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Sold or not sold?

Sentinel sold for 'about R10m' in closed bidding



By Melanie Gosling

HOUT Bay's Sentinel, one of the Cape Peninsula's best-known landmarks, has been sold.

Yesterday, the auctioneers confirmed that the mountain had been sold through a closed bidding process, but declined to say who the new owners were until they had ironed out the terms and conditions attached to the sale.

Leno de Villiers, chief executive of the Julius Buchinsky Group of auctioneers, said the names of the new owners would be announced later this week.

"It's been sold, but we're still finalising the terms and conditions ... They wanted things like (SANParks) to be sorted out because there was talk of expropriation of the land. But there has been no expropriation registered at any of the government ministries.

"If (SANParks) want to expropriate, they have to go through a process and register it, and their offer has to be based on fair market value.

"There were certain big names among the bids, but we have to respect client confidentiality until everything has been finalised."

The mountain peak was sold for "around R10 million". This was lower than expected, as the former owners, a close corporation called G&R Services, had reportedly turned down an earlier offer of R15m. They had paid R60 000 for the Sentinel in 2003.

De Villiers blamed the lower offers on the fact that they had not been able to hold a public auction.

Last month's public auction was abandoned after Hangberg residents, fiercely opposed to the sale of the land, held a public protest outside the Chapman's Peak Hotel where the auction was taking place.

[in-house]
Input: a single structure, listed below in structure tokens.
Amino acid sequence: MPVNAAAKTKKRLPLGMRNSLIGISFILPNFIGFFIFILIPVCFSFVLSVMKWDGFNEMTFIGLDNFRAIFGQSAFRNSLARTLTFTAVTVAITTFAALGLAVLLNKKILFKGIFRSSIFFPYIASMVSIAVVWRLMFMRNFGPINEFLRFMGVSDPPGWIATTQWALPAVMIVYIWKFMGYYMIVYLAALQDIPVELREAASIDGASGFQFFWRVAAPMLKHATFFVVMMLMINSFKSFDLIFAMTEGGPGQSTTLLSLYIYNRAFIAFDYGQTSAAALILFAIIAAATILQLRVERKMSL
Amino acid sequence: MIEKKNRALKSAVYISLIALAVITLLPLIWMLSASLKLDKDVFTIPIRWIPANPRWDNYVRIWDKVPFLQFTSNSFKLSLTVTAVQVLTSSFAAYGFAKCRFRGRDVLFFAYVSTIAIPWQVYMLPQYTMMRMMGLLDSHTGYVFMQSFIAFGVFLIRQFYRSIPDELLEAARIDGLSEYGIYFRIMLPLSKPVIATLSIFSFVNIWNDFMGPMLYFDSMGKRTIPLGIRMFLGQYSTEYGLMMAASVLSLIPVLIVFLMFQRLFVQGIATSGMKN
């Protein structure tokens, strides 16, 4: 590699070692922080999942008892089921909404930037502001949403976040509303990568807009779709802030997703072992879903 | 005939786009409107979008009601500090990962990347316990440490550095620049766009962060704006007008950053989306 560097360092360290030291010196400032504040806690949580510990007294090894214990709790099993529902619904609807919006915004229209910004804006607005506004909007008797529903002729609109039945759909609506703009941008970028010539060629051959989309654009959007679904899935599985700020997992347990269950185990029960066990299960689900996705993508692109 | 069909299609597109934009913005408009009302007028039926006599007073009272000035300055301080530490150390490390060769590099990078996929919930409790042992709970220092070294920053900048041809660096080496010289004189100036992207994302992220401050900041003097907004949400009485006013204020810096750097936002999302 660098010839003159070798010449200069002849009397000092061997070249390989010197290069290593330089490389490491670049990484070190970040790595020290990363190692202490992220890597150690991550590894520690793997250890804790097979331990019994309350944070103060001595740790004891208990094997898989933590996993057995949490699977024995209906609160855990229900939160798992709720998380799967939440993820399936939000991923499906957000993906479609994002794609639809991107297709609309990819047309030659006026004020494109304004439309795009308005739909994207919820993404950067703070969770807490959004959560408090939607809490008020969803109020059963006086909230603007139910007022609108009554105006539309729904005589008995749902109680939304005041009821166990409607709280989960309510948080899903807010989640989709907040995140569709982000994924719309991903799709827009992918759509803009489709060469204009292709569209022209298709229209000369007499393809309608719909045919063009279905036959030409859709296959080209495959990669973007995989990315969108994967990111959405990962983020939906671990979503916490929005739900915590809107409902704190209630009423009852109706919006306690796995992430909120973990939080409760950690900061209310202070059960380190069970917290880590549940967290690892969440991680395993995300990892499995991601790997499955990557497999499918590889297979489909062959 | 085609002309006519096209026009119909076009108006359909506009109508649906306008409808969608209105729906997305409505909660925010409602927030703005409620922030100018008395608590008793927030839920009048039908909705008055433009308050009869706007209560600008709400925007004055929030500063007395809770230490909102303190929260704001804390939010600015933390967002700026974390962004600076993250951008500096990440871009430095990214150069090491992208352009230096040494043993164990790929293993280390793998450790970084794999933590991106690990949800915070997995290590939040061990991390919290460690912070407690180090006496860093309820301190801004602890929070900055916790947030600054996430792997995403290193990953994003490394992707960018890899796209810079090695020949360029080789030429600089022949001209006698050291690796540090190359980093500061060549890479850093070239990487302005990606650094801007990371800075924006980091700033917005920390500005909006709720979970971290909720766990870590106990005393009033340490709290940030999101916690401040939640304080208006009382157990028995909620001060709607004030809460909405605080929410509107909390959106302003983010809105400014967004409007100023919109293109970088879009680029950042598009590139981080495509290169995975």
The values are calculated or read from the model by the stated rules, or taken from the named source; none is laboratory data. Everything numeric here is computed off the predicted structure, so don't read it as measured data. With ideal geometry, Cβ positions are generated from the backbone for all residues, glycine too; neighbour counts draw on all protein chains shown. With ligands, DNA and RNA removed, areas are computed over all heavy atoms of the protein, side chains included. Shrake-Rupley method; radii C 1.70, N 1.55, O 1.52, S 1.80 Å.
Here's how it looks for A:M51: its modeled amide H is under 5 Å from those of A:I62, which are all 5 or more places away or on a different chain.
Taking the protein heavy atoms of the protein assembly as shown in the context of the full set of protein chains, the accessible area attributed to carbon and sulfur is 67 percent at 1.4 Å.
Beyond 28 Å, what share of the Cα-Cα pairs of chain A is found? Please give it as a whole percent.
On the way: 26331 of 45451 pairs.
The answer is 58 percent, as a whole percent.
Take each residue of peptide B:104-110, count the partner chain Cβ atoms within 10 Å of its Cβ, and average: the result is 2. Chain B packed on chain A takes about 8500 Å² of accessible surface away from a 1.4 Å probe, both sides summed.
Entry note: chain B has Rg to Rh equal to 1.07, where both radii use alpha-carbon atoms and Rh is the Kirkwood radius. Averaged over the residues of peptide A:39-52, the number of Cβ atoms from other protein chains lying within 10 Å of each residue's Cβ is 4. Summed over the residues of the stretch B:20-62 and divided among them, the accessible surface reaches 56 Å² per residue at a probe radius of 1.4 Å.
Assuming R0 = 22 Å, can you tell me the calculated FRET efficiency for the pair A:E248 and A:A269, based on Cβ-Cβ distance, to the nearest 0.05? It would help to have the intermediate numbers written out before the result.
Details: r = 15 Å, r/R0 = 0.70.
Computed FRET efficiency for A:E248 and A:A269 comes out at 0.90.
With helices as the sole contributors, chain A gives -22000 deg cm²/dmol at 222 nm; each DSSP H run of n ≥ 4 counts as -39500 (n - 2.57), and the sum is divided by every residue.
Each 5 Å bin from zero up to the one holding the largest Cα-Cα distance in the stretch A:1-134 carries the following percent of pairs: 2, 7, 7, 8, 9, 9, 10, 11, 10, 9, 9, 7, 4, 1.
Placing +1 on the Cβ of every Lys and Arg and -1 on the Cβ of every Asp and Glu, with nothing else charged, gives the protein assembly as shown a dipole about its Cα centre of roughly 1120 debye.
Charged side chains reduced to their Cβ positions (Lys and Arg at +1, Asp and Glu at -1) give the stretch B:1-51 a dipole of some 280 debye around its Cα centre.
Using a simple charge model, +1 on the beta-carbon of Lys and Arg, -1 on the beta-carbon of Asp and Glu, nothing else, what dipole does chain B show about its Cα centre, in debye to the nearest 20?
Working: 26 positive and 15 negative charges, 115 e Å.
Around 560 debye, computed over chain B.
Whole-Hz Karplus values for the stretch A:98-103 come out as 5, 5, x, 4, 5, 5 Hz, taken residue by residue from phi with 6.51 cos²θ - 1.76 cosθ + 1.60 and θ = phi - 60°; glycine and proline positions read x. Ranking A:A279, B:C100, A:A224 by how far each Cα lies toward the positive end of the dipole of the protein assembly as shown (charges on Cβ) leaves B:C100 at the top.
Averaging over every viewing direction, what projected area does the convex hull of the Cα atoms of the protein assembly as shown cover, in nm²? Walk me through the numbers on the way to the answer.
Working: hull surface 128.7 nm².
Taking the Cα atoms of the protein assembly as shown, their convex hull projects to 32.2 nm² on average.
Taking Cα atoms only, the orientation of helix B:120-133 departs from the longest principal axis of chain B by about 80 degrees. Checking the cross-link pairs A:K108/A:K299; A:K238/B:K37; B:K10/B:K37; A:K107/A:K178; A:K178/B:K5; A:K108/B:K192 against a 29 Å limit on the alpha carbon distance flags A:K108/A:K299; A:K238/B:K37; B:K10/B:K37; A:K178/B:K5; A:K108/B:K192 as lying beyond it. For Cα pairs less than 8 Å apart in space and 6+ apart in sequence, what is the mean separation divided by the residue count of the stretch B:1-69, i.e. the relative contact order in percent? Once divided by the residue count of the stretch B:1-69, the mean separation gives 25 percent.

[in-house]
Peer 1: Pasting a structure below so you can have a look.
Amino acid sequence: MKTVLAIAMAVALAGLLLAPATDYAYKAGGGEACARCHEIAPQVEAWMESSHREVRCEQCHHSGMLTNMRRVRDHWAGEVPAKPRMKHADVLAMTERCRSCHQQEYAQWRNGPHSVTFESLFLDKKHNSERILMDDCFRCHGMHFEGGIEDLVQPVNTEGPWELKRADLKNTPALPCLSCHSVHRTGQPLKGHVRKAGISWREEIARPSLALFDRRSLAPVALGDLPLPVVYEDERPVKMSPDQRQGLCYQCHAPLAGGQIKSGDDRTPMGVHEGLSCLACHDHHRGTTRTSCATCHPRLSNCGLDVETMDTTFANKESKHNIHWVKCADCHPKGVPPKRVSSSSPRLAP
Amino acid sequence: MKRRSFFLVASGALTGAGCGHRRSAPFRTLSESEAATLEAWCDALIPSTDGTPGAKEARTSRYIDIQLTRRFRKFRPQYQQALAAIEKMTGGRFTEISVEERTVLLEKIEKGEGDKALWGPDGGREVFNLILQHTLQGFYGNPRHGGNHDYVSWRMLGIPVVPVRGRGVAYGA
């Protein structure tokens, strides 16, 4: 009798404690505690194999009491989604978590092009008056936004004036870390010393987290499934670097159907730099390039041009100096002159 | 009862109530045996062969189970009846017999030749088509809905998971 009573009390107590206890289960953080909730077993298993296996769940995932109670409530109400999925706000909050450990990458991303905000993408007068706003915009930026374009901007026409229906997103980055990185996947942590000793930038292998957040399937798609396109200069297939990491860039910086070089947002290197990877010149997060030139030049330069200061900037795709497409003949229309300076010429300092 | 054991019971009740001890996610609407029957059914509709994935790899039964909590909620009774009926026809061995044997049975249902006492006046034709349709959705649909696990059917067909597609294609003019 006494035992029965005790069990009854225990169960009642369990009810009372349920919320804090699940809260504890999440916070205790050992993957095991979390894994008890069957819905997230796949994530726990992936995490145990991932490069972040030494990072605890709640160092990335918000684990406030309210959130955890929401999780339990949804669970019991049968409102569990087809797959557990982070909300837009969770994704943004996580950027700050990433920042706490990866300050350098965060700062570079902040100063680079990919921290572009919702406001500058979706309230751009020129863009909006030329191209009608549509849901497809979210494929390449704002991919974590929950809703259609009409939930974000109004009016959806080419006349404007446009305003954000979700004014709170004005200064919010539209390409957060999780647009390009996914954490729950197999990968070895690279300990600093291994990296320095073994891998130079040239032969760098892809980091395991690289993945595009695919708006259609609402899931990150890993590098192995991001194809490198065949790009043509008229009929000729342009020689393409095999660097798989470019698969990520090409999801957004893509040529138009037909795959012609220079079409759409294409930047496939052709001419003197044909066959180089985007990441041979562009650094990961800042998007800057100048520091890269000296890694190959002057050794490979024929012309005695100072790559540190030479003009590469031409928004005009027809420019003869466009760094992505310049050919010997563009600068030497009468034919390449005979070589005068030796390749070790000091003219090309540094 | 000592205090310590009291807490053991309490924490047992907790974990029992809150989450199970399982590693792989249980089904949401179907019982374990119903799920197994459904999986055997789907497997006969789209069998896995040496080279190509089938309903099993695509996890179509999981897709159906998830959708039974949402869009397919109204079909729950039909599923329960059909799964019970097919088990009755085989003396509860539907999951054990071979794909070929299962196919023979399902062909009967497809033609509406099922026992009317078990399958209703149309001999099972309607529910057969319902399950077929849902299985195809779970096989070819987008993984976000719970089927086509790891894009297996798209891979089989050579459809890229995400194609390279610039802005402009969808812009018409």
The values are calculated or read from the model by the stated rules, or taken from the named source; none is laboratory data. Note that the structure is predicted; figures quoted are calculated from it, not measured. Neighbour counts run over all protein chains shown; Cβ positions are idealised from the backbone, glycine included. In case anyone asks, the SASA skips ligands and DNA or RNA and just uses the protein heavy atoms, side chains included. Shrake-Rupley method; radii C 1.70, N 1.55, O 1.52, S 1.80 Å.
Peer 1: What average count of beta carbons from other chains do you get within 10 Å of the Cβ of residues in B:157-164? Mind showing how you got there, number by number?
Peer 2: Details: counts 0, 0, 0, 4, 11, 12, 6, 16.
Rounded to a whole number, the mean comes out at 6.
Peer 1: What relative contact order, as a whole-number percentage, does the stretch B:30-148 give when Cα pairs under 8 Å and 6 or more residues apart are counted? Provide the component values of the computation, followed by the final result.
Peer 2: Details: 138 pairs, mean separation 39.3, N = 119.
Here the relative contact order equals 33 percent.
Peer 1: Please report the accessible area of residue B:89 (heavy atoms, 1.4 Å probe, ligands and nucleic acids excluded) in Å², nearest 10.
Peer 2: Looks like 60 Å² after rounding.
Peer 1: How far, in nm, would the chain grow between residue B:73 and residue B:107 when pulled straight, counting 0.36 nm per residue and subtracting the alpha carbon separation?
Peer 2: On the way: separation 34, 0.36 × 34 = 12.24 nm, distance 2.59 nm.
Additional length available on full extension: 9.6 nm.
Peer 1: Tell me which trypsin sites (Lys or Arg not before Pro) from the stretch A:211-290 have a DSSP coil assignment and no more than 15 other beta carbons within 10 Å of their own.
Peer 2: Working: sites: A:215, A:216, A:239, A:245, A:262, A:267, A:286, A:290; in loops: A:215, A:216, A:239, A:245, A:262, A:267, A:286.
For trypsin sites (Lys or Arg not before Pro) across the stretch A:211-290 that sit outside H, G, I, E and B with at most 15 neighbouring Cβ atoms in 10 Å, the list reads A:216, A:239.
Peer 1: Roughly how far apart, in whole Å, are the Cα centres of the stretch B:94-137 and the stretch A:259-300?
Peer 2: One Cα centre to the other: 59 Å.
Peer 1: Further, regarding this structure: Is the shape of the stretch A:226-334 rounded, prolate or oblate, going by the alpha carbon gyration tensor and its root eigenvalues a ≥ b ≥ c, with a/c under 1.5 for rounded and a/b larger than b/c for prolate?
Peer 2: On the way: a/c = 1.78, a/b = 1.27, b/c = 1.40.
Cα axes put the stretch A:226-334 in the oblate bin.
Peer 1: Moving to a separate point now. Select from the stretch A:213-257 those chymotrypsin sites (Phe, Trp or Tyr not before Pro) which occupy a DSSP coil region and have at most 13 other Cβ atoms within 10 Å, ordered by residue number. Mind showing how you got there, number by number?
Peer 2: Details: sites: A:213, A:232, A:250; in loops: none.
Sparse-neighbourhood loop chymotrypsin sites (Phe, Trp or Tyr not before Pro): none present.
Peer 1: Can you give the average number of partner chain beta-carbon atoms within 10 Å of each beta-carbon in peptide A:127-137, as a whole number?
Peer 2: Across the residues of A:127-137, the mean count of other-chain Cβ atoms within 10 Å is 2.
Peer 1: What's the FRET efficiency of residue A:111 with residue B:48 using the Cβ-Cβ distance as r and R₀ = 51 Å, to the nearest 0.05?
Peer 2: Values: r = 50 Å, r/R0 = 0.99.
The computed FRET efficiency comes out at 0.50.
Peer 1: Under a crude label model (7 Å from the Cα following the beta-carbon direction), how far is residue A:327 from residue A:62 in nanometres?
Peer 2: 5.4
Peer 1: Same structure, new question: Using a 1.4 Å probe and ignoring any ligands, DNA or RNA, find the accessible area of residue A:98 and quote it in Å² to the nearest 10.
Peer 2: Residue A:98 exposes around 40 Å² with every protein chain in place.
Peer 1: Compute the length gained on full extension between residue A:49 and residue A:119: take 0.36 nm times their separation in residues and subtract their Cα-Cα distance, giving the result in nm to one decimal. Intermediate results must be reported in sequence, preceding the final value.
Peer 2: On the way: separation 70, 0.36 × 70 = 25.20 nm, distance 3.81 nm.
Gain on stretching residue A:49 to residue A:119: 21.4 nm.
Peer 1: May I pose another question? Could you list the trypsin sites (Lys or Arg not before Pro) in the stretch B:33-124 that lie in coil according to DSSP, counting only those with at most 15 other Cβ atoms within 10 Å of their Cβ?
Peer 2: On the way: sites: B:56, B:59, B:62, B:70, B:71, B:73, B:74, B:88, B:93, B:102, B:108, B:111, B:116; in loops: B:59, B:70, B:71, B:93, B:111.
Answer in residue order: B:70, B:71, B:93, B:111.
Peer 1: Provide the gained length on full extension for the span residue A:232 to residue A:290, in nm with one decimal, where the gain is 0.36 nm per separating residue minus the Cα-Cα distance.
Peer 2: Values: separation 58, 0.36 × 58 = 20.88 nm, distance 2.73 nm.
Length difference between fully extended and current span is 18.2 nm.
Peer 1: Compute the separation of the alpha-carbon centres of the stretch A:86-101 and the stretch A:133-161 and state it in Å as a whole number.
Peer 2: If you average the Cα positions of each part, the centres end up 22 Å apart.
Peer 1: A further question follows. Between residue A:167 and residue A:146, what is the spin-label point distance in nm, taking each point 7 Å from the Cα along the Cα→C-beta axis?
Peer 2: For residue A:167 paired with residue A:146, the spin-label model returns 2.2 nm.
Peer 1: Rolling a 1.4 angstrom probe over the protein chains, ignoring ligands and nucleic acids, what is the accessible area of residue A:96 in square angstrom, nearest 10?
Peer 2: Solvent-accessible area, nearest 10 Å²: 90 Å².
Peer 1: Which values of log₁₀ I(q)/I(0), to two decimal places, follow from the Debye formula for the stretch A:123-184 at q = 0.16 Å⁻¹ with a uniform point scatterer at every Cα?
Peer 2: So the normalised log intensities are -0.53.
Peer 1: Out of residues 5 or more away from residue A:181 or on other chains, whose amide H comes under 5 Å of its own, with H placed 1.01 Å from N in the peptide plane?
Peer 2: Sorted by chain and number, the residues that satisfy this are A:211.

The auction was abandoned after confrontations between the protesters and police, who used rubber bullets to disperse the protesters. The auctioneers then held a closedbid process.

Of the 14 bids received, the highest was R10.5m. When told of the sale, residents of Hangberg village at the foot of the Sentinel reacted with anger yesterday.

They said they would prevent the new owners from
building anything on the mountain by blocking construction vehicles from entering the land.

Isaac James, chairman of the Hout Bay Civic Association,
said yesterday: “They can sell it, but they won’t be able to build anything there. That’s our heritage. Our community won’t allow any trucks with building material to go there.

“The ground belongs to the people. Our people are also
struggling for land to build houses. Why does the government not buy a small piece for houses for us and leave the rest of the mountain alone?

“We will push the government to buy that land and we
will make sure there is no building on that mountain.”
Brett Myrdal, head of Table Mountain National Park, who
wanted the Sentinel incorporated into the park, does not
believe the sale has gone through.

“I think the auctioneers are flying a kite. We don’t believe
they have confirmed the sale.” Myrdal said the expropriation of the Sentinel had been approved by one government ministry, Water and Environment Affairs, and approval by the Department of Human Settlements
was pending.

“Once they have approved it, a market value has to be
determined. It would have to be shown that whoever made the R10.5m bid had the means to pay that amount,” Myrdal said.

He said if the Sentinel had been sold for R10.5m, this price would put it out of the reach of the park. The park had offered R500 000, which had been rejected.

[email protected]

Published on the web by Cape Times on August 4, 2009.
 

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Bid to block mountain sale
2009-08-05 22:18